Thirdly, the paper estimates potential local small area mortality reduction that can be applied in an international context to illustrate the cost benefits of local service provision. In support of this contention, the results indicate that an overall potential reduction of 5.3 deaths per 1000 population could be achieved by providing a composite basket of services that range from the provision of potable water to providing health and education facilities. If the overall number of 5.3 deaths per 1000 is disaggregated, our findings underline the importance of the linkages between mortality and a lack of education  by showing that almost 50% of the potential reduction can be attributed to providing education. Furthermore, the results indicate that mortality could potentially be reduced by as much as 15.4 deaths per 1000 population in some of the more extreme local municipality “hotspots”. From a policy perspective, therefore, the results suggest that service delivery interventions at municipality level will yield different cost mortality benefits. The differential reduction in mortality, moreover, could be especially important in poorer SSA countries with limited resources that need to be more effectively targeted. The paper, therefore, indicates that the proposed approach can accurately ‘pinpoint’ mortality and service non-delivery, as well as assess the relationships between them. These contributions and the development of a mortality reduction index can be extended beyond the study area, however, some limitations should be considered .
Firstly, the replication of the framework will require the innovative use of databases in the region . Databases, for example, like the DHS combined with national and survey data, offer much potential to improve our knowledge of adult mortality in the region . Secondly, South Africa is different from other SSA countries because it is the only middle income country in the region, as well as because it has it has its own unique service delivery and mortality problems. However, similar patterns of mortality have been projected for the region that indicate a decrease in communicable disease related mortality that is countered by higher levels of lifestyle/non-communicable disease and injury related mortality [34, 35].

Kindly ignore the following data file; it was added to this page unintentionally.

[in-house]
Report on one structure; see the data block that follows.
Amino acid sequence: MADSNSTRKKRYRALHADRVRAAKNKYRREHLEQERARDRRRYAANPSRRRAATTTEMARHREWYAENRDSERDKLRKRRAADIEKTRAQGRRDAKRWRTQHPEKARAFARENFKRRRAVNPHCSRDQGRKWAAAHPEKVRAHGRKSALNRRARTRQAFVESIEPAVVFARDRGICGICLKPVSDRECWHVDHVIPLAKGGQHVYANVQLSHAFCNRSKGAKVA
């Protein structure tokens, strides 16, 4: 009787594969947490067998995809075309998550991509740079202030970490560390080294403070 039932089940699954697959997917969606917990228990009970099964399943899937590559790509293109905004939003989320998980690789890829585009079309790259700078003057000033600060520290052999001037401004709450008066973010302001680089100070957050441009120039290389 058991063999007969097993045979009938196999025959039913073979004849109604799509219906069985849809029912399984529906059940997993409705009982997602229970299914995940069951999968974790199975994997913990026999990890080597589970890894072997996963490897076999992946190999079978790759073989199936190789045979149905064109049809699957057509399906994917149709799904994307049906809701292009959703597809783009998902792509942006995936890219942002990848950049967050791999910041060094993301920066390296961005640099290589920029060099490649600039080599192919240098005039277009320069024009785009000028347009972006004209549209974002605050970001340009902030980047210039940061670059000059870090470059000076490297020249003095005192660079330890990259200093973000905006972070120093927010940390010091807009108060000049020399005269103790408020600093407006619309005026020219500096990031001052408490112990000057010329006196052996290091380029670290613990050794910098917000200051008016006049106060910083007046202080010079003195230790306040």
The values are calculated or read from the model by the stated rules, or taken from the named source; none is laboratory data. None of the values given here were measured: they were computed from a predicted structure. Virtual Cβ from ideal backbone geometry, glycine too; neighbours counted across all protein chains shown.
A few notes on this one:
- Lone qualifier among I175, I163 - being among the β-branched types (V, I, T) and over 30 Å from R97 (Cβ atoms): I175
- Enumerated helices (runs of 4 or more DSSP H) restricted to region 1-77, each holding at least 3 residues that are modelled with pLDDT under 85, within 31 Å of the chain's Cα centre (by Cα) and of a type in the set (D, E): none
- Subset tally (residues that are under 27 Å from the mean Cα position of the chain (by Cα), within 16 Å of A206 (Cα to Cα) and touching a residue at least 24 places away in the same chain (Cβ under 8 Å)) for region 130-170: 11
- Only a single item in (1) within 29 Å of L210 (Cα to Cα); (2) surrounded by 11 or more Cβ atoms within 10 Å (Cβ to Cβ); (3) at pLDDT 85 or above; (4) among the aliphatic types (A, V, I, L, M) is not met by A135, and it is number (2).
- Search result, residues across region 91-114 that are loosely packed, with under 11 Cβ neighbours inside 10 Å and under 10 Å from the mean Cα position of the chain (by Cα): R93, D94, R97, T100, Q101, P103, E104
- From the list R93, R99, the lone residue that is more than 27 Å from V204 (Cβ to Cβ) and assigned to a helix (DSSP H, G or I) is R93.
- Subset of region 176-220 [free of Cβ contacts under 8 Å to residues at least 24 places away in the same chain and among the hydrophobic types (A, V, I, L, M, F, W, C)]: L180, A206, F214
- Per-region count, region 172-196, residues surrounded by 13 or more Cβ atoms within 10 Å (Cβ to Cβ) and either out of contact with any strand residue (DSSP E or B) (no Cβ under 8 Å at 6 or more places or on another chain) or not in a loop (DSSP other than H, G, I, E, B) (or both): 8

Limitations and potential sampling errors were also identified when reviewing the survey reports [24, 25]. Given the ecological nature of the aggregated secondary data used, caution should be taken when making direct causal inferences as ecological fallacy may potentially bias estimates. However, given that the data were extracted down to the smallest administrative areal unit available (namely local municipality or sub-district), we believe this reduces the potential ecological bias in part. Given the cross-sectional design of the primary study caution should also be exercised when assessing temporal aspects of causality. We also highlight potential limitations of the conditional autoregressive model (CAR)  used in this study as it may oversimplify neighbour dynamics e.g. potential for cross-classification as individuals (or households) may access services in neighbouring areas or provinces as opposed to where they stay or their immediate neighbouring municipality (or district). Previous studies have demonstrated how the CAR (1) process fails to capture the spatial process and multiple membership multiple classification (MMMC) models [37, 38] may represent a more suitable approach. In our future studies utilizing areal data, we will apply both approaches and select the one which most adequately describes the data and spatial process.
The results, based on a composite service delivery index, suggest policy interventions need to be coordinated by government central planning centres across government departments like health, education, local government and rural development. With the use of spatial targeting, policy can be spatially differentiated on a provincial, as well as district and local municipality basis to coordinate the prioritization of service provision in resource constrained settings. In particular, provinces with areas of poor service delivery and high mortality at local municipality level, like those in Kwazulu-Natal, Limpopo and the Eastern Cape, should be targeted and prioritized. In terms of a high risk area, therefore, local government would first provide basic services like water, sanitation and refuse removal in a particular local municipality. In parallel, healthcare resources and education interventions would be coordinated at provincial and local level to reduce mortality (e.g. ART for HIV/AIDS patients), as well provide healthcare education in clinics and schools. Finally, development initiatives to increase economic activity in an area must be coordinated with the other suggested prior steps because they are unlikely to succeed without the presence of sufficient (and healthy) working aged individuals.